Connecticut Education Funding Unconstitutional, Judge Rules

(Photo: Flickr, Creative Commons)

(Photo: Flickr, Creative Commons)

A judge has ordered Connecticut officials to develop plans that will overhaul the public education system currently in use in the state within the next six months after determining that a gap in test scores between students in wealthy and low-income towns show portions of the system to be unconstitutional and irrational.

Superior Court Judge Thomas Moukawsher has ordered the state to submit reform plans to the court that will change the way education aid is distributed to cities and towns.  Other reforms will create a statewide high school graduation standard, require eight-graders to prove they have gained the skills necessary to progress to high school, and replace the current teacher evaluation and compensation system used throughout the state, which Moukawsher considers to be irrational and weak.

“Beyond a reasonable doubt, Connecticut is defaulting on its constitutional duty to provide adequate public school opportunities because it has no rational, substantial and verifiable plan to distribute money for education aid and school construction,” Moukawsher said.

The ruling was handed down with an 11-year-old lawsuit that had been filed against the state by the Connecticut Coalition for Justice in Education Funding.  The nonprofit group includes cities, towns, local boards of education, and public school students, writes Daniela Altimari for The Hartford Courant.

The coalition has argued that the state does not offer enough education funding to cities and towns, nor is it meeting its constitutional obligation to ensure that all students receive a high-quality education.  It states that large differences in test scores and varying graduation rates, among other factors, between rich and poor districts prove that the funding system is not fair.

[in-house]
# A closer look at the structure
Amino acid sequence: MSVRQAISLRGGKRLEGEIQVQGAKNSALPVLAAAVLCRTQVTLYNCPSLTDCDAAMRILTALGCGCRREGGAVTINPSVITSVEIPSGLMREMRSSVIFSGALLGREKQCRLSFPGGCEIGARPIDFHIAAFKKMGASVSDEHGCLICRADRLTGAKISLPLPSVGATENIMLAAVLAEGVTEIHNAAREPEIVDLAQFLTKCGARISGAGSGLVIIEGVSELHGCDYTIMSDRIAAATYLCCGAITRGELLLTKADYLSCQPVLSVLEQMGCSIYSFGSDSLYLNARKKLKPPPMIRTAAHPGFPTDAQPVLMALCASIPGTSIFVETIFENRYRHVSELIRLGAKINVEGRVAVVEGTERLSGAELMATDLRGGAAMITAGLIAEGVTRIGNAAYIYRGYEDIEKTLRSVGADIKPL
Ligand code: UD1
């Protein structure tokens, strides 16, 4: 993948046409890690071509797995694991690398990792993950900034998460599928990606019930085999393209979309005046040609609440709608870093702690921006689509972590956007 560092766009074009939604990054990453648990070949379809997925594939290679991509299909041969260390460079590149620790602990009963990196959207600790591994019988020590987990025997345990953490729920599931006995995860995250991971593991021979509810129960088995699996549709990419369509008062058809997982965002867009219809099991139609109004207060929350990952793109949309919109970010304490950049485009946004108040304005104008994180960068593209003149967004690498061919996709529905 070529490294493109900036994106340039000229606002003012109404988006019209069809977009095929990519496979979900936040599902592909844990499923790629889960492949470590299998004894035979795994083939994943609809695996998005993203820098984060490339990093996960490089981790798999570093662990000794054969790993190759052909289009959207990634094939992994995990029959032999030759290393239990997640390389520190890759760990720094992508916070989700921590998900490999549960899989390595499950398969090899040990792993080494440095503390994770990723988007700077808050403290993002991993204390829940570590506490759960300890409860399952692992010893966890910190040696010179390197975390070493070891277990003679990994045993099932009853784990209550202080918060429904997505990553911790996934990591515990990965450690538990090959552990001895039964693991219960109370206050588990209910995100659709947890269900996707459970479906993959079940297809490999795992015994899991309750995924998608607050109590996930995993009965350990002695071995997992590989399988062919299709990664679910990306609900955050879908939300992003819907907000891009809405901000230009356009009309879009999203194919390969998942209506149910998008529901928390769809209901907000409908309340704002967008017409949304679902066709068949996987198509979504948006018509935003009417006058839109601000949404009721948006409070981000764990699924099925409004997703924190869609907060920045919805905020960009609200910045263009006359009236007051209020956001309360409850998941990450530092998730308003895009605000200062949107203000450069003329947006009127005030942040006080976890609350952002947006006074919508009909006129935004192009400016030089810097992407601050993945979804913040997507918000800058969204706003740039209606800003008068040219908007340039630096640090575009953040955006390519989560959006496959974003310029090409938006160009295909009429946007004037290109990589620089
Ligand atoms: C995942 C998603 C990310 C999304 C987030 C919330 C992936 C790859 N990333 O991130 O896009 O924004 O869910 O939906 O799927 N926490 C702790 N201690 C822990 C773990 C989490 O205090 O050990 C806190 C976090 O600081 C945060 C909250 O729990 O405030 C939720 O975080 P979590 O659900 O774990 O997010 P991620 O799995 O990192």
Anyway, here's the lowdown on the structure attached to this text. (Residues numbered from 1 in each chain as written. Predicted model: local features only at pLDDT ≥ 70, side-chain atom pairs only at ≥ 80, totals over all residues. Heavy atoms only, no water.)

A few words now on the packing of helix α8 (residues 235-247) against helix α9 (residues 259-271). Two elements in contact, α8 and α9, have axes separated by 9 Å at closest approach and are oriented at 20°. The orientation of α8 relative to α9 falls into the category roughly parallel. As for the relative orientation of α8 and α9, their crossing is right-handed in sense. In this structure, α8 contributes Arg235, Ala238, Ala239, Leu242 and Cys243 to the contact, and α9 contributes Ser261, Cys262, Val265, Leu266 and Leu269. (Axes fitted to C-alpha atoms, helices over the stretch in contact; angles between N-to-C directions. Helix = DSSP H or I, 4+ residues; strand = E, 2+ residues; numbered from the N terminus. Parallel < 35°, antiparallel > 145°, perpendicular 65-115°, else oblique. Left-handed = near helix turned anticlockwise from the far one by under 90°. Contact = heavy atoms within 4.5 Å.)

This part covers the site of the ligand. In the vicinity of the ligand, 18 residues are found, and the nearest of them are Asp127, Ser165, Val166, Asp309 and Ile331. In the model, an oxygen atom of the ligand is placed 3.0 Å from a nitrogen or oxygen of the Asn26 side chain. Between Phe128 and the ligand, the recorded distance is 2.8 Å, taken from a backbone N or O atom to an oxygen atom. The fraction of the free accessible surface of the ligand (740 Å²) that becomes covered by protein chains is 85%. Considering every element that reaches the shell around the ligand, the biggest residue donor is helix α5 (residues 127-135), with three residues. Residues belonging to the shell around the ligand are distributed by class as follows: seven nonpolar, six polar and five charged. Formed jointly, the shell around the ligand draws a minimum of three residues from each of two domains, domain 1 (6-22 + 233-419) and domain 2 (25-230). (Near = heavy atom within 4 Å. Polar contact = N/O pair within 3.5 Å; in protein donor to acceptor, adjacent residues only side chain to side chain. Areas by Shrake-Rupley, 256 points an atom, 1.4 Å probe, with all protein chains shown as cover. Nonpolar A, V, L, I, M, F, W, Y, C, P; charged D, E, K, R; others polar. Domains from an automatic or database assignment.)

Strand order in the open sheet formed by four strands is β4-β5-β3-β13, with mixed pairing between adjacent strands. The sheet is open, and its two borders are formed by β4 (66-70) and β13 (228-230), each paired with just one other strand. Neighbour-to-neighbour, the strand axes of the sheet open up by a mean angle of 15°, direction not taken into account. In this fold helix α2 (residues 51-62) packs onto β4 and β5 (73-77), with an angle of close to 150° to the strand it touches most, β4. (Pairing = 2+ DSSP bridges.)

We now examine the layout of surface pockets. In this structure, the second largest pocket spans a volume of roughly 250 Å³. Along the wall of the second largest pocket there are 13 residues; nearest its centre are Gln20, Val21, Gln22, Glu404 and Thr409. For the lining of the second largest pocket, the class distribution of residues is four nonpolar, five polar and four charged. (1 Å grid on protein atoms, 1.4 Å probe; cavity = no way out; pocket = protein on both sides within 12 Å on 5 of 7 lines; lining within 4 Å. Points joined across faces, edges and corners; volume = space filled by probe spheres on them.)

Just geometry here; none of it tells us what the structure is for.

Recent standardized testing shows over 70% of students in the wealthy districts have met third-grade reading goals.  At the same time, close to 70% of students in low-income districts have not.  Concerning high school exams, the majority of children in high-income areas received advanced scores in math and close to the same in reading, while one out of three students in poorer areas throughout the state did not reach basic levels in math, and only did slightly better in reading.

The state is required to submit its plans within the next 180 days.

It is unclear if the state Attorney General’s office plans to appeal the ruling.  According to a spokesperson for the office, state officials are currently considering the possibility.

“This decision by Judge Moukawsher is a game changer for our children,” Bridgeport Mayor Joseph P. Ganim said. “This ruling is a detailed, thorough indictment of how the state fails to provide an adequate education in Bridgeport and other poor school districts in Connecticut.”

In a statement, Governor Dannel P. Malloy said that the state has put hundreds of millions of dollars into education since he first took office in 2011.  A large portion of that, he said, has gone toward the neediest students.  In all, the state offers around $2 billion to cities and towns each year in basic education aid and an additional $1 billion for school construction.

“We welcome the conversation this decision brings,” the governor said. “We know that to improve outcomes for all Connecticut students and to close persistent achievement gaps, we need to challenge the status quo and take bold action.”